There are several medical conditions that may require individuals to use needles or sharps at home. After the sharp has been used, it is important that you take steps to dispose of it properly. Improper sharps disposal can cause injury not only for individuals in your household but for others in your community.
The FDA recommends a two-step process for disposing of home-generated sharps:
- Place all needles and other sharps in a sharps disposal container immediately after use. This reduces the risk of needle sticks, cuts, and punctures from loose sharps. These containers should be kept out of reach of children and pets.
FDA-cleared sharps containers are the best option in which to place used sharps. These containers are made from rigid plastic and come marked with a line that indicates when the container should be considered full and be disposed of.
If an FDA-cleared container is not available, some household containers made of heavy-duty plastic may be considered an OK alternative. The container should be leak-resistant, remain upright during use, and have a tight-fitting puncture-resistant lid. Once the container is about 75% full you should duct tape the lid, label it as a sharps container, and dispose of the container.
All sharps disposal containers should be:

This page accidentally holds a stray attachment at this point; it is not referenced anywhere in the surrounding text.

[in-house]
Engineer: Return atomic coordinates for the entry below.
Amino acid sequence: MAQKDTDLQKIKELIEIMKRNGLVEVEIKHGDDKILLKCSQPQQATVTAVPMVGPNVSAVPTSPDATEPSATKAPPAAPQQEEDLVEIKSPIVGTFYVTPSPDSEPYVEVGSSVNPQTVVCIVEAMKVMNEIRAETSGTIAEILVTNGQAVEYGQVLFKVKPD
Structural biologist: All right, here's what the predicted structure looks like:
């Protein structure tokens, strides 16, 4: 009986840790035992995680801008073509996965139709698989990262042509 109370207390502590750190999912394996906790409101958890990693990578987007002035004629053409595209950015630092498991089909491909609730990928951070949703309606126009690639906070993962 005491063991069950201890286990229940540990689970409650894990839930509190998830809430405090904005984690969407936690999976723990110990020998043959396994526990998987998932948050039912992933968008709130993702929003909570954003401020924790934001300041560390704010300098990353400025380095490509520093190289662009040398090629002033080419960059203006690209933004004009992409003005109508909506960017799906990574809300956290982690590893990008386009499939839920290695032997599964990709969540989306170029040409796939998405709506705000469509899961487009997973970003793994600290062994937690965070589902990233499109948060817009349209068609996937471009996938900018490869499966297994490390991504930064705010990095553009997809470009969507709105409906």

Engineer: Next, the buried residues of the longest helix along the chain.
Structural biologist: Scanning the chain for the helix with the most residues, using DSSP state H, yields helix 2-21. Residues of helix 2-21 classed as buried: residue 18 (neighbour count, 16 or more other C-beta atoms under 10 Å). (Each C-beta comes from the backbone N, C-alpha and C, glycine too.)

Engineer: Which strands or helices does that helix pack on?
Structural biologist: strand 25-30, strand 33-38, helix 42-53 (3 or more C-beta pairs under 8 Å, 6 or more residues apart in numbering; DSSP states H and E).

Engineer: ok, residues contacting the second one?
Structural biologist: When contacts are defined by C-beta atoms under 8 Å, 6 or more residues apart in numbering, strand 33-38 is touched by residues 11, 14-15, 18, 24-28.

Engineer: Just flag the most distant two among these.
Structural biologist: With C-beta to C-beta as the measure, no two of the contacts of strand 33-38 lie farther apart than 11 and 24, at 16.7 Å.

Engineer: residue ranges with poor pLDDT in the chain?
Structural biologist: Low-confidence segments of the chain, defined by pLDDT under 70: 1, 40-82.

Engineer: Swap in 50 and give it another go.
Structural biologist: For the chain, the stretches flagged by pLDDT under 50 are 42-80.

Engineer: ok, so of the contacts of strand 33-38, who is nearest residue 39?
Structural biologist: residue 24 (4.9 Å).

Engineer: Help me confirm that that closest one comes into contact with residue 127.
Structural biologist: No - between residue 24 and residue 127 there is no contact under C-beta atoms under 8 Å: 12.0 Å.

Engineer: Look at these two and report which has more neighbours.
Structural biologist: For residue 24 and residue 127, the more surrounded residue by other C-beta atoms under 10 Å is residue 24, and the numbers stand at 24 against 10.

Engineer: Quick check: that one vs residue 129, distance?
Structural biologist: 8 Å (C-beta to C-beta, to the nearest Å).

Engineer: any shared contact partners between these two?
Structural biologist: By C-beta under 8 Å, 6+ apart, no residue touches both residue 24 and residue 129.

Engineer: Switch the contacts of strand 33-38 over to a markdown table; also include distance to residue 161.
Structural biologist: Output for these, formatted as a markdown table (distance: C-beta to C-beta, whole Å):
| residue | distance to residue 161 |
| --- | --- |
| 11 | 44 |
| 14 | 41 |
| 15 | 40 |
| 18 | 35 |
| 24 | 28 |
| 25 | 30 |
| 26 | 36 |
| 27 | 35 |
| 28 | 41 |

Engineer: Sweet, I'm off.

- Made of heavy-duty plastic
- Able to close with a tight-fitting, puncture-resistant lid, so sharps are not able to come out
- Upright and stable during storage and use
- Leak resistant
- Properly labeled to warn of hazardous waste inside the container
- Dispose of used sharps containers according to your community guidelines. In the city of Norwalk, sharps containers should be taped shut, marked with the word sharps, and placed inside your trash bag or trash can. Do not separate it from the rest of your trash, it must be inside the bag or can.
If you do not live in Norwalk, reach out to your solid waste hauler about their policy on disposing of sharps as they may offer a program to pick up your sharps containers or have different regulations. Ask your doctor or pharmacy if they have options for disposing of sharps containers.
Rodney Tuttle is the Director of Laboratory at Fisher-Titus. For more information on proper needle disposal, visit https://www.fda.gov/medical-devices/consumer-products/safely-using-sharps-needles-and-syringes-home-work-and-travel.